Providing healthcare services to a broad segment of the public has been a topic of debate for decades. Yet, in spite of this subject having been central to the national discourse for so long and having experienced many changes, healthcare structurally remains recognizable to that which was in place before multiple generations of the current population were even born.
As far back as 1974, Robert D. Eilers, a national expert in healthcare delivery who pioneered the launch of formal university training in healthcare financing, wrote, “the failure of traditional institutional arrangements to control healthcare costs, and their apparent inability to make care available on a more widespread basis, has caused many to look at new methods of financing and delivering healthcare.”
Nearly fifty years later, the financing of healthcare continues to be a central theme in the debate as to what kind of healthcare system is most desirable. Politicians debate how many trillions of dollars are necessary and then whether society is able or willing or able to spend them. Central to making these financing decisions is an understanding of the underlying costs of medical care, which has been elusive to date.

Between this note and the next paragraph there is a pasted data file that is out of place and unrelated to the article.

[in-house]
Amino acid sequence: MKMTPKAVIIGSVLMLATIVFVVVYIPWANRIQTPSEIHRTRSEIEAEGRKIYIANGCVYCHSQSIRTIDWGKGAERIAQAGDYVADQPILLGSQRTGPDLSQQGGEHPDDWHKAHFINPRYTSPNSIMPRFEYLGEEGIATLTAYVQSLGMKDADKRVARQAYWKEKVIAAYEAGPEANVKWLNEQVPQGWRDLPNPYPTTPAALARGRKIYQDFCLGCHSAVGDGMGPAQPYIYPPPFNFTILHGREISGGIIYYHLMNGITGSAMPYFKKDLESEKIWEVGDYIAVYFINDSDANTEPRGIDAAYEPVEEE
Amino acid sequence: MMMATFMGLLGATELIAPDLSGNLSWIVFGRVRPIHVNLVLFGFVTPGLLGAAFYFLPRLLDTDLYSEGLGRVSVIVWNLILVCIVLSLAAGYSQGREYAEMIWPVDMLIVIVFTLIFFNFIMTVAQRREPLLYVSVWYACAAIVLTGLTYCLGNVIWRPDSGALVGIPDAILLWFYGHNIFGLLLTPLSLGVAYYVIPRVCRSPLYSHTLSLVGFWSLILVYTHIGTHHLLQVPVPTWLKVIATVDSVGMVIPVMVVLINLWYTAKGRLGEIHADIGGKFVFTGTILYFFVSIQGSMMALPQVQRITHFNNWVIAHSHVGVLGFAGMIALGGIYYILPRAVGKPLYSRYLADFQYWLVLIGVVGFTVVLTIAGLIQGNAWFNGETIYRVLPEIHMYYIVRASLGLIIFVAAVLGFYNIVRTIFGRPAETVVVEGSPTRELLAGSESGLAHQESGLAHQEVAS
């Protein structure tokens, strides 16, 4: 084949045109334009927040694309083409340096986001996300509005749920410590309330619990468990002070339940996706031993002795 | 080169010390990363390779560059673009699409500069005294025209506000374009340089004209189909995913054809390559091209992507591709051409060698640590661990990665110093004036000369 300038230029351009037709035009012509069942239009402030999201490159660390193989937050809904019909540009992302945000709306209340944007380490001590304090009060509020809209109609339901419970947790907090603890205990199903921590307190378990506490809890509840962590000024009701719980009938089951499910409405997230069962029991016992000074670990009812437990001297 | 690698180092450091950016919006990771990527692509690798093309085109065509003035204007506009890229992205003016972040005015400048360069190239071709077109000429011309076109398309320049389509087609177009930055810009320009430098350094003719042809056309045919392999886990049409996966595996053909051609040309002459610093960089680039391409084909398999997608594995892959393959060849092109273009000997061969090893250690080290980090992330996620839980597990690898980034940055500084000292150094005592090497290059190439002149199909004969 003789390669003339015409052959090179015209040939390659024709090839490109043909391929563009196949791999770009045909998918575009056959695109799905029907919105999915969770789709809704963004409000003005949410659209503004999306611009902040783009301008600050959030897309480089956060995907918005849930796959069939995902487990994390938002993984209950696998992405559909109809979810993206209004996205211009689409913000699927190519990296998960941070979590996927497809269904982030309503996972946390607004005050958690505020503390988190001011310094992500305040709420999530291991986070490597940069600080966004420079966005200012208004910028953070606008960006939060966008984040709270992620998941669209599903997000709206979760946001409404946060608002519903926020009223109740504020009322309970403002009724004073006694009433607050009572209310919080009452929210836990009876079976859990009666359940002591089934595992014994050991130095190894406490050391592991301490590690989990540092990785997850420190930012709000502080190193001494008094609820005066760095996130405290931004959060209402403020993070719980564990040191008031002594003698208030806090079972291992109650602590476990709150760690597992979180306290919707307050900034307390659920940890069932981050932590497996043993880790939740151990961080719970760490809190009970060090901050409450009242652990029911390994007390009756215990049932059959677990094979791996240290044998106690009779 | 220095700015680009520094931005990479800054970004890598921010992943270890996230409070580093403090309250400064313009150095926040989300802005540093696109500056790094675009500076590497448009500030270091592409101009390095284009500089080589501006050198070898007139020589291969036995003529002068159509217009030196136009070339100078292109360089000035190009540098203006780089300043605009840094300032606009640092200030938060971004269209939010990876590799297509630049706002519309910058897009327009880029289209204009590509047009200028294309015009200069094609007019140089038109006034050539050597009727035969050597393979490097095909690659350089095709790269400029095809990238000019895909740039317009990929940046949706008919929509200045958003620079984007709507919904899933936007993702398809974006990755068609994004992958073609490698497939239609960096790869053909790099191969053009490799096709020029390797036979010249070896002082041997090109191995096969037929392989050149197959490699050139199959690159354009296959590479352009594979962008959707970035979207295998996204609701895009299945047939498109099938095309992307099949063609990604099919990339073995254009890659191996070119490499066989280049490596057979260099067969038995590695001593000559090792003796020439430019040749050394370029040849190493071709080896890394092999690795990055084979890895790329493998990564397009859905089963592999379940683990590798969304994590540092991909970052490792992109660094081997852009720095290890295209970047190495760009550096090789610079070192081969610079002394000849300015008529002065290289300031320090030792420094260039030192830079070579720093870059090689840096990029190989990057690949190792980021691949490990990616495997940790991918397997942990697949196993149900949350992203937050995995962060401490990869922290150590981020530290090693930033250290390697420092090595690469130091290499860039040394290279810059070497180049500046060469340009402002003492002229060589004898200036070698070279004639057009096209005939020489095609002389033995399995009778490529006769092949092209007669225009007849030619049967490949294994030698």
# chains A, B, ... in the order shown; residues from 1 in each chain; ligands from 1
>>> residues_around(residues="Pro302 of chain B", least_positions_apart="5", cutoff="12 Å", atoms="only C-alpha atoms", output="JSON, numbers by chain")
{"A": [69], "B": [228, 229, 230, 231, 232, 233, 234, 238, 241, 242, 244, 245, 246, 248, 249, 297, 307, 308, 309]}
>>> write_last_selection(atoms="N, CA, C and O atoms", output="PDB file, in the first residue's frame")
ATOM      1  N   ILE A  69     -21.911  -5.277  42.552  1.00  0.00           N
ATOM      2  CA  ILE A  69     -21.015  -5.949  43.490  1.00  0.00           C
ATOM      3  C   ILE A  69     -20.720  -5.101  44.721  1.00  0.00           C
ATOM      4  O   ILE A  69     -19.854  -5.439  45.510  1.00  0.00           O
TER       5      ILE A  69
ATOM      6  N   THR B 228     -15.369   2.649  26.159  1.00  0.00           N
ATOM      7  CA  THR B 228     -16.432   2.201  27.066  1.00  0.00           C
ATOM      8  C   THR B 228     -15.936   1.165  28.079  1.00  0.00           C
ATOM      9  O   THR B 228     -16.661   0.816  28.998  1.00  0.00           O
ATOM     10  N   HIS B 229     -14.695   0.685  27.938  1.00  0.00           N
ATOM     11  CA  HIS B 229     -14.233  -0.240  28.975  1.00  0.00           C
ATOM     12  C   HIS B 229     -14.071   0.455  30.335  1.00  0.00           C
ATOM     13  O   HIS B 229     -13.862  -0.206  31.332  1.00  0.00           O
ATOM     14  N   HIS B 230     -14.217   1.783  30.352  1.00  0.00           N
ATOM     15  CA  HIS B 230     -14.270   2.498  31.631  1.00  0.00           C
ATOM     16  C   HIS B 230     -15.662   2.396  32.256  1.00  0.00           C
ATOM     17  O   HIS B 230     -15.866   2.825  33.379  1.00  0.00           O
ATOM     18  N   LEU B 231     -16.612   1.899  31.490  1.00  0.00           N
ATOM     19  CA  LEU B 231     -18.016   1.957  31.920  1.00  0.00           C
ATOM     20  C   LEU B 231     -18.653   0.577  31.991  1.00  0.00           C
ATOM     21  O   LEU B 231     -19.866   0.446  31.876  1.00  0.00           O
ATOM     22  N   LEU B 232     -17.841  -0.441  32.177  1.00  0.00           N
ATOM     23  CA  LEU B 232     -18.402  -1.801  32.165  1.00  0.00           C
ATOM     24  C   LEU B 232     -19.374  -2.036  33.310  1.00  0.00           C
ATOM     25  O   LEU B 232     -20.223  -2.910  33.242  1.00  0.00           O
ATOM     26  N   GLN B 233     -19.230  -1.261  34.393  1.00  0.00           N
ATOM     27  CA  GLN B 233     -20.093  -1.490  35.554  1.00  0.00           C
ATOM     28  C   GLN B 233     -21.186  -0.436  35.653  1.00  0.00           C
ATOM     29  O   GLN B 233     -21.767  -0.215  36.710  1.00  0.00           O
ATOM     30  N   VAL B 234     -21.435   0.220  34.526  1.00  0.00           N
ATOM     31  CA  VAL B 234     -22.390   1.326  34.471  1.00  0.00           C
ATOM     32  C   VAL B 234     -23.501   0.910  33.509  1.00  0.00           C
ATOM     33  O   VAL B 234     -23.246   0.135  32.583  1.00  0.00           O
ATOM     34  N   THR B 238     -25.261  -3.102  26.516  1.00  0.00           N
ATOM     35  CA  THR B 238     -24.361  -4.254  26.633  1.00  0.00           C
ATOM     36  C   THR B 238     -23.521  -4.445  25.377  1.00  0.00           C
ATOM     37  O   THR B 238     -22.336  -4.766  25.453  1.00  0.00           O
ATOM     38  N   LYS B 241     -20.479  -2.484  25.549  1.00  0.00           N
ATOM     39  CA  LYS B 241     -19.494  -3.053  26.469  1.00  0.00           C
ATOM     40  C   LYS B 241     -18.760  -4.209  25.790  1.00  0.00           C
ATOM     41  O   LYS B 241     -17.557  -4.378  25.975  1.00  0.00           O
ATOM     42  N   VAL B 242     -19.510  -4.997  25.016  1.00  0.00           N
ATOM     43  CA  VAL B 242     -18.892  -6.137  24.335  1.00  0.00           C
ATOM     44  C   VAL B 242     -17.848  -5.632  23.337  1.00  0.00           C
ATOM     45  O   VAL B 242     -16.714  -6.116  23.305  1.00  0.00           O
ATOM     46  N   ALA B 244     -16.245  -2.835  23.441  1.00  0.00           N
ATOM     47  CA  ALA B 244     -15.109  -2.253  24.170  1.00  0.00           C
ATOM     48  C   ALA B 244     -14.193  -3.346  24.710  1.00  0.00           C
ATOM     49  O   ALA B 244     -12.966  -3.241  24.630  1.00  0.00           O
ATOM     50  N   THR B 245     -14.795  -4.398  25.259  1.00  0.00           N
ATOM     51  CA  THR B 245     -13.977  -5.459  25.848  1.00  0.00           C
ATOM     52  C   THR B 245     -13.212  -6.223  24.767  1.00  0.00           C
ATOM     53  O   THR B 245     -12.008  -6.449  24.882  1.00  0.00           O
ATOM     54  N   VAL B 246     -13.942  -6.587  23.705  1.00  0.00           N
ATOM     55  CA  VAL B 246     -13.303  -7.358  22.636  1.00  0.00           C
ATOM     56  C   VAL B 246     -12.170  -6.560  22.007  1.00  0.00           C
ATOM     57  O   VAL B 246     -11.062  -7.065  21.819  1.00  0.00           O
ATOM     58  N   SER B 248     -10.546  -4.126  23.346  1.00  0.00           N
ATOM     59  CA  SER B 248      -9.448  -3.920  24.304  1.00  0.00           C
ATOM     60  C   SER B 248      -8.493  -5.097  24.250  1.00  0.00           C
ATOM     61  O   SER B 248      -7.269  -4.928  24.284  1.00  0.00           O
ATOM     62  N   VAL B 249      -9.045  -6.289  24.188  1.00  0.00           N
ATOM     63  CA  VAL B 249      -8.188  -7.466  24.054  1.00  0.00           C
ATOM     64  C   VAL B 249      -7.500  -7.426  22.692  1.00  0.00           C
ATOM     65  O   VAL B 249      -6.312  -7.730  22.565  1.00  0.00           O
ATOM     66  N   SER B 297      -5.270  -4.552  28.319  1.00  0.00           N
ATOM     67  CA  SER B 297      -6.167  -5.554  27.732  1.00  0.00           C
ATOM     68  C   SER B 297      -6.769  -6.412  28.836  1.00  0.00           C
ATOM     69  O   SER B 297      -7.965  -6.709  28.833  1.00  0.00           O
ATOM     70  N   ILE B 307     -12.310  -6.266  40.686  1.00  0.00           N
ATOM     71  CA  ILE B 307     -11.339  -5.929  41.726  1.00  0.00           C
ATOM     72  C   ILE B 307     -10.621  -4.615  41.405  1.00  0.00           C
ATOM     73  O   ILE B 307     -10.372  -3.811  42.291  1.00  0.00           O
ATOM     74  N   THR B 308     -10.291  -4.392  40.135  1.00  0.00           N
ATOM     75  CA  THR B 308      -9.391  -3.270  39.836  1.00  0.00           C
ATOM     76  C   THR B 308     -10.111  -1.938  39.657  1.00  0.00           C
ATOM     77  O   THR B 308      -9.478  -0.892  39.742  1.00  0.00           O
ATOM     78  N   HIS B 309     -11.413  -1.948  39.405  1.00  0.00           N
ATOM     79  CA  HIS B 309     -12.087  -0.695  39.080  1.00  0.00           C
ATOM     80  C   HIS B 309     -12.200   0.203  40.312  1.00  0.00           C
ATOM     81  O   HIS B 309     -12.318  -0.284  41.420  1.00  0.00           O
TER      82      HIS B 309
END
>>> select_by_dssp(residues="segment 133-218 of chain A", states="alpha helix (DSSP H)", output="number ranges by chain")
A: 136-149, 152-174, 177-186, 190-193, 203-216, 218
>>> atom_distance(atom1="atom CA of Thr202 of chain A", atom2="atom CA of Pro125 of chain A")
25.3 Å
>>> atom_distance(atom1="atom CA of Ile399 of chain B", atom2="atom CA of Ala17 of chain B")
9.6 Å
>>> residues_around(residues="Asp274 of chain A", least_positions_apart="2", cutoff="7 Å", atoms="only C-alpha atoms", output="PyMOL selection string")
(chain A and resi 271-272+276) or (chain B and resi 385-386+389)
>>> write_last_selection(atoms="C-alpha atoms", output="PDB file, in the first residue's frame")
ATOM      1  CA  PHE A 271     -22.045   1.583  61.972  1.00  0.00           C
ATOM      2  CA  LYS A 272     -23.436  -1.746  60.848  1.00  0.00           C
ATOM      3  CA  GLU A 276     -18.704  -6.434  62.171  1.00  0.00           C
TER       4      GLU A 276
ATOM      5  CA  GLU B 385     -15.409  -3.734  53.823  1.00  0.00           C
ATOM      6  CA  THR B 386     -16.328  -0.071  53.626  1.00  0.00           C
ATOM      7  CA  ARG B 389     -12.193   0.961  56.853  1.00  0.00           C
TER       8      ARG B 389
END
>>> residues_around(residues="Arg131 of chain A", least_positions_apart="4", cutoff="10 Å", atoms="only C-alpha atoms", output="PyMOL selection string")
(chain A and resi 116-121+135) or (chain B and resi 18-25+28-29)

It is both a surprise and not a surprise that the industry does not have a firm grasp on the underlying costs of its services. No manufacturer of widgets could have survived so long in such a condition. But, a variety of factors make healthcare unique and the situation more understandable. Consider a few such factors as follows.
Barriers to a Costing System in Healthcare vs. Other Industries
1. In industries other than healthcare, organizations will only spend an incremental dollar as long as the incremental return is greater than that dollar, usually further subject to some kind of hurdle rate of return on investment. Simply stated, nobody is going to spend an extra dollar on something if the amount received from that outlay is only 90 cents. However, with healthcare, the tendency is that spending keeps occurring until the patient is cured or expires. The incremental return logic goes out the window.
2. Almost every episode of care is a unique event based on the specifics of the patient, with co-existing conditions, the so-called co-morbidity, that drive its uniqueness. While large volumes of data can generate overall trends, true costs can be as unique as the people themselves that are being treated.